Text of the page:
Balancing on the deck of a boat, removed because the crowds are too thick, he launches his words to float above the frenzied group.
Toward the shore the people gather: a large, anonymous mass straining to hear. They are blended into comfortable ambiguity, a vaporized distinction of each precious and fragile life.
The teeming crowd: a safe place to hide.
But even anonymity cannot camouflage each life’s uncounted hopes and unnamed fears, soaking the trampled grass by the slow steady pace of wayward tears or the rushing force of unchecked sobs.
Jesus flings his words over the crowd, filled with unique and beautiful expressions of humanity desperate for recognition and blessing, for someone to look them in the eye and say, “I know you.”
Radical words, a handful here and a handful there, released like potential on the wind. Eventually they land.
They always land.
Gently or heavily, if you pay attention you can hear their possibility and pull baptizing a life with recognition and meaning.
And having named a life precious, they settle into the little corner of a heart, take root, and grow.
I’m spending this week at The Collegeville Institute with clergy colleagues from all over the U.S. and Canada. Each morning our leader Verity Jones opens our time together with some devotional thoughts.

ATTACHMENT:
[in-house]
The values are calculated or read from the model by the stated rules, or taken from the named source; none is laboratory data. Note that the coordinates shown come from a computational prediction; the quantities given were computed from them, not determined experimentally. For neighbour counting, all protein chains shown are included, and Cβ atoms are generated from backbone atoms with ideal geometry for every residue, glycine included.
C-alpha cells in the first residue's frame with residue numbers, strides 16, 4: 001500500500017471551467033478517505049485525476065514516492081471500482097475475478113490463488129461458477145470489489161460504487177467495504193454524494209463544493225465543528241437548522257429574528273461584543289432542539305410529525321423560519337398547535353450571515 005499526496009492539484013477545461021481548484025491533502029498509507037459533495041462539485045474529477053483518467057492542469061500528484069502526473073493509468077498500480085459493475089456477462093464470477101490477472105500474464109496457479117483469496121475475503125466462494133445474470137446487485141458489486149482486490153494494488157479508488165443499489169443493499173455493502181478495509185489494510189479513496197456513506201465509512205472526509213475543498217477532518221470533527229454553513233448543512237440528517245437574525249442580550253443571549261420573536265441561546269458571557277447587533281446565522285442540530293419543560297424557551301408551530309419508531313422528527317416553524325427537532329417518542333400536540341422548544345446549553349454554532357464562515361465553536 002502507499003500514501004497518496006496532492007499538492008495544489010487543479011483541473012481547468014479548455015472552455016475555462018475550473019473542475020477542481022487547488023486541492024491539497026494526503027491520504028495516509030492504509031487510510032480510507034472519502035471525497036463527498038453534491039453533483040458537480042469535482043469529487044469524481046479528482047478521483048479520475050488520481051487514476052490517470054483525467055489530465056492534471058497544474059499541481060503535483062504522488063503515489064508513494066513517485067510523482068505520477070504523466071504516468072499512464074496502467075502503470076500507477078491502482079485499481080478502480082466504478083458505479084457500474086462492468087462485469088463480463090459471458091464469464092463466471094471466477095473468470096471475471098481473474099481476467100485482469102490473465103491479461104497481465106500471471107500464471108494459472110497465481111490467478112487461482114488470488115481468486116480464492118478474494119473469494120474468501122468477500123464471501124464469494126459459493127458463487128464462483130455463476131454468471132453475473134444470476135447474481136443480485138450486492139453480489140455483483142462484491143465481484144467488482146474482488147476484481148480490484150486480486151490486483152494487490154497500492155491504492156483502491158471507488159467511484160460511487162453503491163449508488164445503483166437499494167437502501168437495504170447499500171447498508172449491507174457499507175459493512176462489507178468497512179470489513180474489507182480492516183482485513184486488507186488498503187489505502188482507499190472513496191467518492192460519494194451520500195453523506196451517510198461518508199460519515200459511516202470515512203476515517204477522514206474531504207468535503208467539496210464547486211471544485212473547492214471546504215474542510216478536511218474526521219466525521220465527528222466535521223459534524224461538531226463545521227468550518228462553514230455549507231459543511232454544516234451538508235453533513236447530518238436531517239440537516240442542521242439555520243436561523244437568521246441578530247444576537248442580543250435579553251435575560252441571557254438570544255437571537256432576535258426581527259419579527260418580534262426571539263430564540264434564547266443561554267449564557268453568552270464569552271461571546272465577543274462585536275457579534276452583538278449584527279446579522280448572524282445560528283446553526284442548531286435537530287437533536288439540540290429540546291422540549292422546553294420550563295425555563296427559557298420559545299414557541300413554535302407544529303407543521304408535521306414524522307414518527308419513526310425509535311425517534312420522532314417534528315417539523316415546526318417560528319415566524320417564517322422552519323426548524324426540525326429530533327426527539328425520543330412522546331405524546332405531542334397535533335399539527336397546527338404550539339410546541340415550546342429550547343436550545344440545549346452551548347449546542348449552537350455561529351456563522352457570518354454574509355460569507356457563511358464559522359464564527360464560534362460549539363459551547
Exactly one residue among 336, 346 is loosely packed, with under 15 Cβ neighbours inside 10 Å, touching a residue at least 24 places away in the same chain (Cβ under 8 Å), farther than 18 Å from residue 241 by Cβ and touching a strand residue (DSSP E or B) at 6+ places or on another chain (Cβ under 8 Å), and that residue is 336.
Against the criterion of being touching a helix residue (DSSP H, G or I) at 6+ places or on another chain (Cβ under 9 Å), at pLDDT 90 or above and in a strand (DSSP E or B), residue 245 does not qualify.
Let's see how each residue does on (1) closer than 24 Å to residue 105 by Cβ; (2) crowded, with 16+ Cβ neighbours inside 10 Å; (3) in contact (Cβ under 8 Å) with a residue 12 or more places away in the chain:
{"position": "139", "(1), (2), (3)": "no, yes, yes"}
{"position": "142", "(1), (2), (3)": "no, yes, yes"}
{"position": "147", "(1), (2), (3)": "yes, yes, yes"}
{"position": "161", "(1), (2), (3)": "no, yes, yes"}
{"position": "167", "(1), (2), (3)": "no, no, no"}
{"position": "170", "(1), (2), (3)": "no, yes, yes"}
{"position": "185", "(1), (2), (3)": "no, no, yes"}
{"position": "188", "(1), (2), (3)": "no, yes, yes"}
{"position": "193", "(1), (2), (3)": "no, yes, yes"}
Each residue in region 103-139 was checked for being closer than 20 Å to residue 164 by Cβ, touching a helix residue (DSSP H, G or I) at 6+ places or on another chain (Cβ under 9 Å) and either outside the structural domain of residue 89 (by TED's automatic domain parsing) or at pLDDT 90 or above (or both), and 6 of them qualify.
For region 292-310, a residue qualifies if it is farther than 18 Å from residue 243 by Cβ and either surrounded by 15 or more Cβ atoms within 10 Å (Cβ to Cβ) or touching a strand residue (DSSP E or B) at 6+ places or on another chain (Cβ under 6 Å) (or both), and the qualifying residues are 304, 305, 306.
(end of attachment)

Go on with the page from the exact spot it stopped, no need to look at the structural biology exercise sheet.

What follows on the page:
Today we focused on the parable of the sower from Matthew’s Gospel. We were instructed to listen for words that caught our attention and to explore the passage with the help of the above illustration, created for the St. John’s Bible, a project of St. John’s University where The Collegeville Institute is housed.
Through several hearings I began to wonder if Jesus saw himself as a sower, with the crowd gathered seeking hope, meaning, recognition–the varying “ground” upon which the seeds that were his words would fall. Some would take root and some would drift away.
Later today a few of my colleagues and I got to visit the vault where the beautiful, original pages of the St. John’s Bible are kept. And we saw the sower, a beautiful piece by artist Aidan Hart, in person!
On the larger page the seeds he is sowing are sprinkled all over the words, little seeds landing on the individual names of the disciples scattered throughout the text. And I noticed: Jesus frames his words with the instruction…listen!